For cotton growers, 2020 wasn’t looking that bad. Back in early June, ag retailers and their grower-customers in this sector reported that plantings nationwide were nearly 70% — a far cry from the 2019 figure, when major sections of the country were still recovering from virtually non-stop rains that began a few months earlier.
Although the coronavirus pandemic was also raging at this time, cotton — like most row crops — continued without much interruption. In fact, as early June rolled again, many ag retailers and their grower-customers in cotton were busy preparing to combat expected weed pressures, as Larry Steckel, Extension Weed Specialist for the University of Tennessee, pointed out. “These applications are often critical to not only curtail weed competition, but to combat thrips injury as well,” said Steckel in an article for sister publication Cotton Grower. “The biggest concern with these applications is injury to the young cotton plants.”
Traditionally, the main pesticides applied are a mixture of glyphosate plus either Dual, Outlook, or Warrant plus acephate. But Steckel cautioned that herbicides, which contain a good surfactant in glyphosate with the oil formulations of the chloracetamide herbicides, can burn young cotton leaves. “The typical cotton injury from those mixtures will range from 10% to 20%,” he said.
The Dicamba Decision
Along with glyphosate and companion products, cotton growers in recent years have also relied on dicamba-tolerant crops to combat troublesome weeds. In fact, according to USDA statistics, approximately 60 million acres of dicamba-tolerant soybeans and cotton were planted in the U.S. during the 2020 spring season.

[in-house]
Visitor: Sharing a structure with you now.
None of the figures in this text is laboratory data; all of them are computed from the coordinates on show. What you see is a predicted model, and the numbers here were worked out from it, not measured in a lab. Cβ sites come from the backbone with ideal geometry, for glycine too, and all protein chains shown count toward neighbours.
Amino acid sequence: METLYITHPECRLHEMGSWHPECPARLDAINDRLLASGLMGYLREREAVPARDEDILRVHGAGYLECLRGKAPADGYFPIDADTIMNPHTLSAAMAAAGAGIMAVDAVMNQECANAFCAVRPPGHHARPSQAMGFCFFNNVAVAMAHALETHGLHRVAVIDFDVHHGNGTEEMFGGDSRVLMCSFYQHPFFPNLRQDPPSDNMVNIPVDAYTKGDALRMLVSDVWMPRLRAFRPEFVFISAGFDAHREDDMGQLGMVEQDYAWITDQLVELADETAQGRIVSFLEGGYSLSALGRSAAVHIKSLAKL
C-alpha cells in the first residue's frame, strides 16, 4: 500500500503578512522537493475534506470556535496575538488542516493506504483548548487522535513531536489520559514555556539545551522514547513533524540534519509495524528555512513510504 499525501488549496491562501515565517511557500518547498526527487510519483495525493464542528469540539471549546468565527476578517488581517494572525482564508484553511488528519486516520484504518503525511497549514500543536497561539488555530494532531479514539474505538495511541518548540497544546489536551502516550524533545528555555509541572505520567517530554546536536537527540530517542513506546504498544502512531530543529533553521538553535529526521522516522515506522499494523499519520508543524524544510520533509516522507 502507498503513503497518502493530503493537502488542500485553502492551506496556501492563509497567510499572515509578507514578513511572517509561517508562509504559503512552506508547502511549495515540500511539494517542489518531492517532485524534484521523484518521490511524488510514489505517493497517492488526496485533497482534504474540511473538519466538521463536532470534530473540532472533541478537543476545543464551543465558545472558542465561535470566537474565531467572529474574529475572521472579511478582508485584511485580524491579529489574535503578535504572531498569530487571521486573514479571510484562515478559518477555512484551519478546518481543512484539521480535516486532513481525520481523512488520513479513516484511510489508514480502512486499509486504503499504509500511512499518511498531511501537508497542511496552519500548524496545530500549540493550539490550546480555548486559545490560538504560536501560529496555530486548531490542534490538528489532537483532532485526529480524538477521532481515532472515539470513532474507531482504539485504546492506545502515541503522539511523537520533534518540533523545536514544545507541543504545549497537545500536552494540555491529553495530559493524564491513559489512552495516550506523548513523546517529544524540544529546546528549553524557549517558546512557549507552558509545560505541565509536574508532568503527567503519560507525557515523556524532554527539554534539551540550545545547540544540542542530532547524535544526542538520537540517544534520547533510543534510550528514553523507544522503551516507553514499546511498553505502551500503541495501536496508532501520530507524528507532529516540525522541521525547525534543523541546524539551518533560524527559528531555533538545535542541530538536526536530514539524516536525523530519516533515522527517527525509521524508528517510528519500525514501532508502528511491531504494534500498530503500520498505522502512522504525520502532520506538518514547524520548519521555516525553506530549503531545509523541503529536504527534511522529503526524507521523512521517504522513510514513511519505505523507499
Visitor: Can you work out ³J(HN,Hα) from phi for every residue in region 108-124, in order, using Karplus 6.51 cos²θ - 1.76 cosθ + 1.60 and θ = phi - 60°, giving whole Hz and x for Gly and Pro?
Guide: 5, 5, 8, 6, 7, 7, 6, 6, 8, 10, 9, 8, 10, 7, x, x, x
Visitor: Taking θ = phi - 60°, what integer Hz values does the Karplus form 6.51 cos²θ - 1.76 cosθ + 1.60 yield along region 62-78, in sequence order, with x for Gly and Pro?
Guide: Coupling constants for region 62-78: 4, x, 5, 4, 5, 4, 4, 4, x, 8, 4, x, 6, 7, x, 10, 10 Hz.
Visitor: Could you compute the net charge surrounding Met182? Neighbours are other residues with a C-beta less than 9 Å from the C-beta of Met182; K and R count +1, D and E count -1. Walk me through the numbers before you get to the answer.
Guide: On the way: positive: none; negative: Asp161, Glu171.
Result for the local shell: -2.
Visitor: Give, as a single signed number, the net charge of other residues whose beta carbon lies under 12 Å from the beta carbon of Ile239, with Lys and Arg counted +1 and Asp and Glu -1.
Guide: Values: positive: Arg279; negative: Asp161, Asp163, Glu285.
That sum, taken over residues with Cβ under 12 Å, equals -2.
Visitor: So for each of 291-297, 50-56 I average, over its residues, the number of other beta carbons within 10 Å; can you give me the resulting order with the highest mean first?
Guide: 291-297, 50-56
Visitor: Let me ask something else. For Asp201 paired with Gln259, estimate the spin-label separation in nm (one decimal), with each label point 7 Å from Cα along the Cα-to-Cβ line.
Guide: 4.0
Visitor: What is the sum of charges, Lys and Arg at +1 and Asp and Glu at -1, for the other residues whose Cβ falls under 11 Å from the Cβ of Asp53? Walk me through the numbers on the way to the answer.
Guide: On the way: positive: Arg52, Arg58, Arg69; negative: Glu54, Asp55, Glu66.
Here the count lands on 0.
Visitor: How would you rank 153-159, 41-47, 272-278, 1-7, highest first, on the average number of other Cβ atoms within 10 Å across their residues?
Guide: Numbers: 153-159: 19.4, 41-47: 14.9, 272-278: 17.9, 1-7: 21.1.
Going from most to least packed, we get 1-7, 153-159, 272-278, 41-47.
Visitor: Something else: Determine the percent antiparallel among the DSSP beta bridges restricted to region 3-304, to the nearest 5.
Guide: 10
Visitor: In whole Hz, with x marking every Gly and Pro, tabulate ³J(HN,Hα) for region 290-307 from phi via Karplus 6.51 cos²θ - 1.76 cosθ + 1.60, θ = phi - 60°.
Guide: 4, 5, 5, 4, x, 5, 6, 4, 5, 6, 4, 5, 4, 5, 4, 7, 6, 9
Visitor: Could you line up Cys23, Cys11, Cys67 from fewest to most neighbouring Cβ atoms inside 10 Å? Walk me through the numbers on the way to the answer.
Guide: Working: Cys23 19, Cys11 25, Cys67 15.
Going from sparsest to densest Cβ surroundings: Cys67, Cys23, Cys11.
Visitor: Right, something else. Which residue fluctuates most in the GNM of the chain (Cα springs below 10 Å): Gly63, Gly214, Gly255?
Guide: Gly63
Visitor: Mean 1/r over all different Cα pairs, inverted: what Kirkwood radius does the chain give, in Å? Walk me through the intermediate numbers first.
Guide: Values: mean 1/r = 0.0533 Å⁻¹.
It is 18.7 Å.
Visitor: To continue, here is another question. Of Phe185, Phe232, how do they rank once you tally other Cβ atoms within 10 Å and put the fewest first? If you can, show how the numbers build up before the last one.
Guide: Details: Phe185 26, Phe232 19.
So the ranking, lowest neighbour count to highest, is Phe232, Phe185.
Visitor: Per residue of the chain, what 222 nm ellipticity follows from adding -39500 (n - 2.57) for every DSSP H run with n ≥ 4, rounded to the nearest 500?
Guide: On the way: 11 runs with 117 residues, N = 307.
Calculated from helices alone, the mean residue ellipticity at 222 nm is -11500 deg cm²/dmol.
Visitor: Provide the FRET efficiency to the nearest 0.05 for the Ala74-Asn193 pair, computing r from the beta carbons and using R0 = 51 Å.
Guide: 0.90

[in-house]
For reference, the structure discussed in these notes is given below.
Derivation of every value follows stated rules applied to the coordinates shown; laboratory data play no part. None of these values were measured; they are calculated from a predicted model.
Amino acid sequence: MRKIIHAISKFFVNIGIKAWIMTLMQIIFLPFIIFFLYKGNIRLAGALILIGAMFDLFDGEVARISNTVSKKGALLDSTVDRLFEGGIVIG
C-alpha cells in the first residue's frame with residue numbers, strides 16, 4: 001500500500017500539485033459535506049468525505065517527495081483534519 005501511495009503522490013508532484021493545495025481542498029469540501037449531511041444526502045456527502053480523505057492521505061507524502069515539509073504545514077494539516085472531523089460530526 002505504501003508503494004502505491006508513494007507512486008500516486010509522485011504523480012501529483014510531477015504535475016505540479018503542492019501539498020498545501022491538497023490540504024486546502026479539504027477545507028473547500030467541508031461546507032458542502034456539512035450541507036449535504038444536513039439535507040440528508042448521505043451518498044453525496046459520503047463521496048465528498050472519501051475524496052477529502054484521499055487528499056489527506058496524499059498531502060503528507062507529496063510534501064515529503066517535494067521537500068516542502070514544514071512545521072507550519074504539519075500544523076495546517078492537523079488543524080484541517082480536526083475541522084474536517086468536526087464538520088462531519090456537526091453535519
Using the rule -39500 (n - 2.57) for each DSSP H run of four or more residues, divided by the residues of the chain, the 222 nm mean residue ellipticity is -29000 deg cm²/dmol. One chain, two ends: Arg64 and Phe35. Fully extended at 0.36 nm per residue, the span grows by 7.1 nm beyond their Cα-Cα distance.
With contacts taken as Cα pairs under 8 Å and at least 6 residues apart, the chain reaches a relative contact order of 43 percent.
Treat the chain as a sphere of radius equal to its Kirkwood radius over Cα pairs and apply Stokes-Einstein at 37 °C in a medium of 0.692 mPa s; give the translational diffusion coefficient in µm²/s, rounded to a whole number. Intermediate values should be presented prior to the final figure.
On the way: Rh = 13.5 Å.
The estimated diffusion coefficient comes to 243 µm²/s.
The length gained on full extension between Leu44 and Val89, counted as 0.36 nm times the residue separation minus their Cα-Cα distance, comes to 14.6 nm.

Then came June 3. On that date, a three-judge panel of the U.S. Court of Appeals for the Ninth Circuit vacated the registration of the XtendiMax (Bayer), FeXapan (Corteva), and Engenia (BASF) dicamba herbicides. The landmark ruling was on a lawsuit brought by National Family Farm Coalition, Center for Food Safety, Center for Biological Diversity, and Pesticide Action Network North America. The petitioners had argued that the EPA’s decision violates both FIFRA and the Endangered Species Act, 16 U.S.C. § 1536(a)(2).
“We hold that the EPA’s Oct. 31, 2018, decision, and the conditional new-use registrations of XtendiMax, Engenia, and FeXapan for use on dicamba-tolerant soybean and cotton that are premised on that decision, violate FIFRA,” the court said in a released statement.
Naturally, the cotton industry did not agree with this decision. South Georgia Consultant Wes Briggs characterized the ruling as a potential “disaster,” putting cotton producers in a bind. “If growers were to have to pivot to other herbicides, Liberty (glufosinate) in particular, there will likely not be enough in the pipeline to meet demand not only in Georgia, but also across the Cotton Belt,” he said.
In response to the panel’s opinion, the National Cotton Council (NCC) President/CEO Gary Adams stated that the U.S. cotton industry would support an appeal of the decision. Adams noted that the NCC had worked closely with EPA, other stakeholders, and the cotton industry’s agribusiness allies to ensure the availability of dicamba herbicides which are “a major component of weed resistance management, especially against Palmer amaranth.”